The ever-optimistic National Association of Realtors (NAR) believes the worst housing downturn since the Great Depression is almost over.

Whether the million-member organization knows something other housing groups don’t or it is caught up in the fantasy that is part and parcel to the Disneyland experience remains to be seen. But either way, it claims that price appreciation will return to the moribund housing market in 2012.

Speaking across the street from the “Happiest Place on Earth” at the NAR’s annual convention in Anaheim, California, earlier this month, chief economist Lawrence Yun said signs are developing that signal a “recovery occurring next year and continuing into 2014.”

It won’t be a great, robust expansion, but rather a moderate, respectable recovery, Yun said at a press briefing.

And spurred by a combination of population growth, a gradually improving employment picture, and people eager to leave their parents’ basement and finally move out on their own, price appreciation should once again return to the market next year, the economist ventured.

Prices won’t rise by much, he predicted—only 2 percent in 2012, 3 percent in 2013, and 4 percent in 2014.

That’s not terrific for people who bought at the peak of the boom, many of whom have seen the value of their properties drop by a third, according to some estimates, Yun admitted. “It will be quite a long time for those people to see a full recovery,” he told reporters at the press briefing. “But it’s good for new buyers.”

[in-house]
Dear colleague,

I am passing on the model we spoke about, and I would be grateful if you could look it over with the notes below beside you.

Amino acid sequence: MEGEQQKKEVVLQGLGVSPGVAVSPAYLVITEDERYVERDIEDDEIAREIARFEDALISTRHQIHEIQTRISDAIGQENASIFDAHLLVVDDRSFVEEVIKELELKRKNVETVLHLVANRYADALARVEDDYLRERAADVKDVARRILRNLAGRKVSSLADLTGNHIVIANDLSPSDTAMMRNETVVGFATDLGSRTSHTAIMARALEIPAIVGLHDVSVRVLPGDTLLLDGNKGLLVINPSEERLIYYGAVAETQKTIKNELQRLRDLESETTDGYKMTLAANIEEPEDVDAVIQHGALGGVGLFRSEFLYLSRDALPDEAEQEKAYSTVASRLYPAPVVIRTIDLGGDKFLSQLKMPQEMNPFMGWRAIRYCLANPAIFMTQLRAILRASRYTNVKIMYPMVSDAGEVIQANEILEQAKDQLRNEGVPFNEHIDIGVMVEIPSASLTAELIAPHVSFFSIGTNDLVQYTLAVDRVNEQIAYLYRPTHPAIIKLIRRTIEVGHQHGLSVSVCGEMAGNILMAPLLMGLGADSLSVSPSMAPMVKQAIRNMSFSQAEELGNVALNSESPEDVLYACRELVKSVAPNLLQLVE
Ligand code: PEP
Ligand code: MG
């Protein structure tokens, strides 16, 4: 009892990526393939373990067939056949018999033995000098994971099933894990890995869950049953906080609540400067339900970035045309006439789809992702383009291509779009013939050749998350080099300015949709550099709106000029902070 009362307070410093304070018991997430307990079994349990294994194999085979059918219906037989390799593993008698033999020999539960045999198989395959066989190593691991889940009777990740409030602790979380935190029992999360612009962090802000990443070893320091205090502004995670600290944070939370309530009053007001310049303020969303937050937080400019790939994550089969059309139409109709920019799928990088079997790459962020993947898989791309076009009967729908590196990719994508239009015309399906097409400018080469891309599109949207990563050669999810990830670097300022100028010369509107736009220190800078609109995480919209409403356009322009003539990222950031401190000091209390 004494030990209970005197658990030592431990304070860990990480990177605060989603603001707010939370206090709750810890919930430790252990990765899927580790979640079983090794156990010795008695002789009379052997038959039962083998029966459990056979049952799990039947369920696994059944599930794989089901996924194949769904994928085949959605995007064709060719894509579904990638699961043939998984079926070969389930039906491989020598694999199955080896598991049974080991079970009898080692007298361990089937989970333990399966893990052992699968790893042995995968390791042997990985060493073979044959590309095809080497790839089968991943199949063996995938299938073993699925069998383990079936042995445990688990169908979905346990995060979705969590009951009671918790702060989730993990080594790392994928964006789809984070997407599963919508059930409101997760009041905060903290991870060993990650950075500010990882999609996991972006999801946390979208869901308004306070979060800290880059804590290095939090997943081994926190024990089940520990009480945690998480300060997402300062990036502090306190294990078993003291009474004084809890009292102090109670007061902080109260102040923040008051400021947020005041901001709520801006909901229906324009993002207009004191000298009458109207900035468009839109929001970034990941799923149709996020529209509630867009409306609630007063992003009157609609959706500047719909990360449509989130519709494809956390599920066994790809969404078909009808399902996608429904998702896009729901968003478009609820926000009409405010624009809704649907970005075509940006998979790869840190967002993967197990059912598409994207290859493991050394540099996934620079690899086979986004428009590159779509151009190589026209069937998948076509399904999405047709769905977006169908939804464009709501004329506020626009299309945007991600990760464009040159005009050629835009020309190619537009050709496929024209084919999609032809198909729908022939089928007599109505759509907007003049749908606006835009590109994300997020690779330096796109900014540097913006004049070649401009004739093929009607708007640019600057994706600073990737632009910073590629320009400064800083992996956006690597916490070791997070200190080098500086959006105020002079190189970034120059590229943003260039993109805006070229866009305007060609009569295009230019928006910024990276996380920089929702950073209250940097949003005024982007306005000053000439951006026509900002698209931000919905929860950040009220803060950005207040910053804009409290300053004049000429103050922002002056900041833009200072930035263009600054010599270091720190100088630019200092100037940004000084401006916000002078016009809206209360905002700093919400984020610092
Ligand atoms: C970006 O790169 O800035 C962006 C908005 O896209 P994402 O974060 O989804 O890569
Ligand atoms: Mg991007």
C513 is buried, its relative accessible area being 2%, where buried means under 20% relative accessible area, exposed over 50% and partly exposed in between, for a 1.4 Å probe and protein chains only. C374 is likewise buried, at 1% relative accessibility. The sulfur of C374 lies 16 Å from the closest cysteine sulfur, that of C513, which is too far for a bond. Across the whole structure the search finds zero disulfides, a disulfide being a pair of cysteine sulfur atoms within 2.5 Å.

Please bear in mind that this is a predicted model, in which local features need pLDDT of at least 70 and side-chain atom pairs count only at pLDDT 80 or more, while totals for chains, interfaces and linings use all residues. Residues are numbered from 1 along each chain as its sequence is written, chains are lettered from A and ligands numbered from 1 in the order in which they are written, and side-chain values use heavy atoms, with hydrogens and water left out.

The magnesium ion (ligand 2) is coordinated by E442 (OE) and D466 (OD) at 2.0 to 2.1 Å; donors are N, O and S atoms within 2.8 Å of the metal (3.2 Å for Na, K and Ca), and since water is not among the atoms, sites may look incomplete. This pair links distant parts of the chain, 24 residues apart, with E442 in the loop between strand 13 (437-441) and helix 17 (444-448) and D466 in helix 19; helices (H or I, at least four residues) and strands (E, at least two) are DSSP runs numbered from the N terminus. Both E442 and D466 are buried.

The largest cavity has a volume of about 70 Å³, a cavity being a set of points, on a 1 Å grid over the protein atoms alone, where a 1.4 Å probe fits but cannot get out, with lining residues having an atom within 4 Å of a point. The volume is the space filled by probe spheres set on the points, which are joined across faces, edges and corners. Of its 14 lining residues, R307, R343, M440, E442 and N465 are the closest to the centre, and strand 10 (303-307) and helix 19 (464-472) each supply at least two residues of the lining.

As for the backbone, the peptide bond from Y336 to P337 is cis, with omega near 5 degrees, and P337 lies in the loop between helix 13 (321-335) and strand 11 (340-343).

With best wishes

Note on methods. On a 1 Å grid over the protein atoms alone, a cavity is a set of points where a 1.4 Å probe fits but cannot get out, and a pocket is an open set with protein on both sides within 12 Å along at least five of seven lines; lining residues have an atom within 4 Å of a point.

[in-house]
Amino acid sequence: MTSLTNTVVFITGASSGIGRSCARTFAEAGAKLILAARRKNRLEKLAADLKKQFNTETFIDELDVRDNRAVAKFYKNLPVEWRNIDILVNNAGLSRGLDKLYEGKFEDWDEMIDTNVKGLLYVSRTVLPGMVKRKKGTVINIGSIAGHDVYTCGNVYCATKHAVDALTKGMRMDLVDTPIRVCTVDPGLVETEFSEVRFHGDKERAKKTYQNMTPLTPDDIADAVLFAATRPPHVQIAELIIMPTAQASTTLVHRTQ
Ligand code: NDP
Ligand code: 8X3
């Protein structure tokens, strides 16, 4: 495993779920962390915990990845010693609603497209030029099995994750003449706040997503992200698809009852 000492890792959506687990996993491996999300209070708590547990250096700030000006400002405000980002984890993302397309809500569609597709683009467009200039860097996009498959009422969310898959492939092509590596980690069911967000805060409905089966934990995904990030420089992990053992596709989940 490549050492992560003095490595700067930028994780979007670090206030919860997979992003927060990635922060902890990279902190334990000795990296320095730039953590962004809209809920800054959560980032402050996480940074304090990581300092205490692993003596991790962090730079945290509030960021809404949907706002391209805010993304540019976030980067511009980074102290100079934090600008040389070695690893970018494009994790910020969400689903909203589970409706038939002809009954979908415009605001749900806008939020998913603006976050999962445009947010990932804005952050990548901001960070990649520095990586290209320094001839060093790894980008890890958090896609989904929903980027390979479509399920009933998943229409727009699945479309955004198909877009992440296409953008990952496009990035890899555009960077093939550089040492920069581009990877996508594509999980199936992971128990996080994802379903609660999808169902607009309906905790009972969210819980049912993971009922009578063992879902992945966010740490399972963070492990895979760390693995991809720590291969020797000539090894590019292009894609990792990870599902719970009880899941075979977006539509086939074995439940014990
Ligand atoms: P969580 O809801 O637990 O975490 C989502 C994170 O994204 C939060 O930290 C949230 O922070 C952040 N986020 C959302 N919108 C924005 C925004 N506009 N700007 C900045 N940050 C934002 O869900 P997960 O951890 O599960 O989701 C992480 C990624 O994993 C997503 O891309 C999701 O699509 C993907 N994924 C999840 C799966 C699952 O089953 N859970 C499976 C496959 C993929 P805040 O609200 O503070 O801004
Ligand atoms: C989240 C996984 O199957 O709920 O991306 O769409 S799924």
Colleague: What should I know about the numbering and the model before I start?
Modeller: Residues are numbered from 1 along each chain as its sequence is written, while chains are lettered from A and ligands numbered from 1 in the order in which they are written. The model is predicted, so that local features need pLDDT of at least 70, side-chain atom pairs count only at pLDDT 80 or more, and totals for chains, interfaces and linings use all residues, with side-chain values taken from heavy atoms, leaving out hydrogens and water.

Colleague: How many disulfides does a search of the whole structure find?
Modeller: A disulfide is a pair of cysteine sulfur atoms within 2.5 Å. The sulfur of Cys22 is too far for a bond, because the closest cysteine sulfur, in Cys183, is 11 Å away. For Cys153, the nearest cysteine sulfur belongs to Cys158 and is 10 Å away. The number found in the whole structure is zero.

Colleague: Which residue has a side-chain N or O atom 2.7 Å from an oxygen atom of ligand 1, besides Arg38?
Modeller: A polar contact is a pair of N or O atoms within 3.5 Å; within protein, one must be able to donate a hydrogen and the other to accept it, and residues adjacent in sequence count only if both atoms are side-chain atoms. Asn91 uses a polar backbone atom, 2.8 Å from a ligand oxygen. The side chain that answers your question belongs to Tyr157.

The NAR, which calls itself “the voice for real estate,” is betting that the tight credit conditions that have been holding back buyers will ease enough next year to allow at least some to take advantage of the best housing affordability conditions in years.

Based on the relationship of home prices, mortgage rates, and family income, housing affordability hasn’t been this favorable since 1970, Yun said. And it should be almost as good again in 2012, when it will be the “second-best year on record,” second only to 2011.

“Our hope is that credit restrictions will ease and allow more homebuyers to take advantage of current opportunities,” he told reporters. “If we could maintain sound and reasonable mortgage underwriting standards, the market would be able to avoid a future big boom-and-bust cycle.”

In a separate briefing, Moe Veissi, the Miami, Florida, land broker who will lead the politically powerful NAR for the next 12 months, said “head butting” is already taking place in some local markets as buyers bid against each other for the same properties.

“People are starting to understand that the market isn’t going to wait on them,” said Veissi, who noted that realty professionals are eternal optimists. “They realize that if you can get what you want for a decent price, it’s a gift right now.”

For the moment, though, lending rules remain stringent, and house prices have yet to show signs of a definitive stabilization pattern. But the NAR’s top economist said that once prices turn positive on a sustained basis, sagging consumer confidence will rise and the broader economy will start to improve.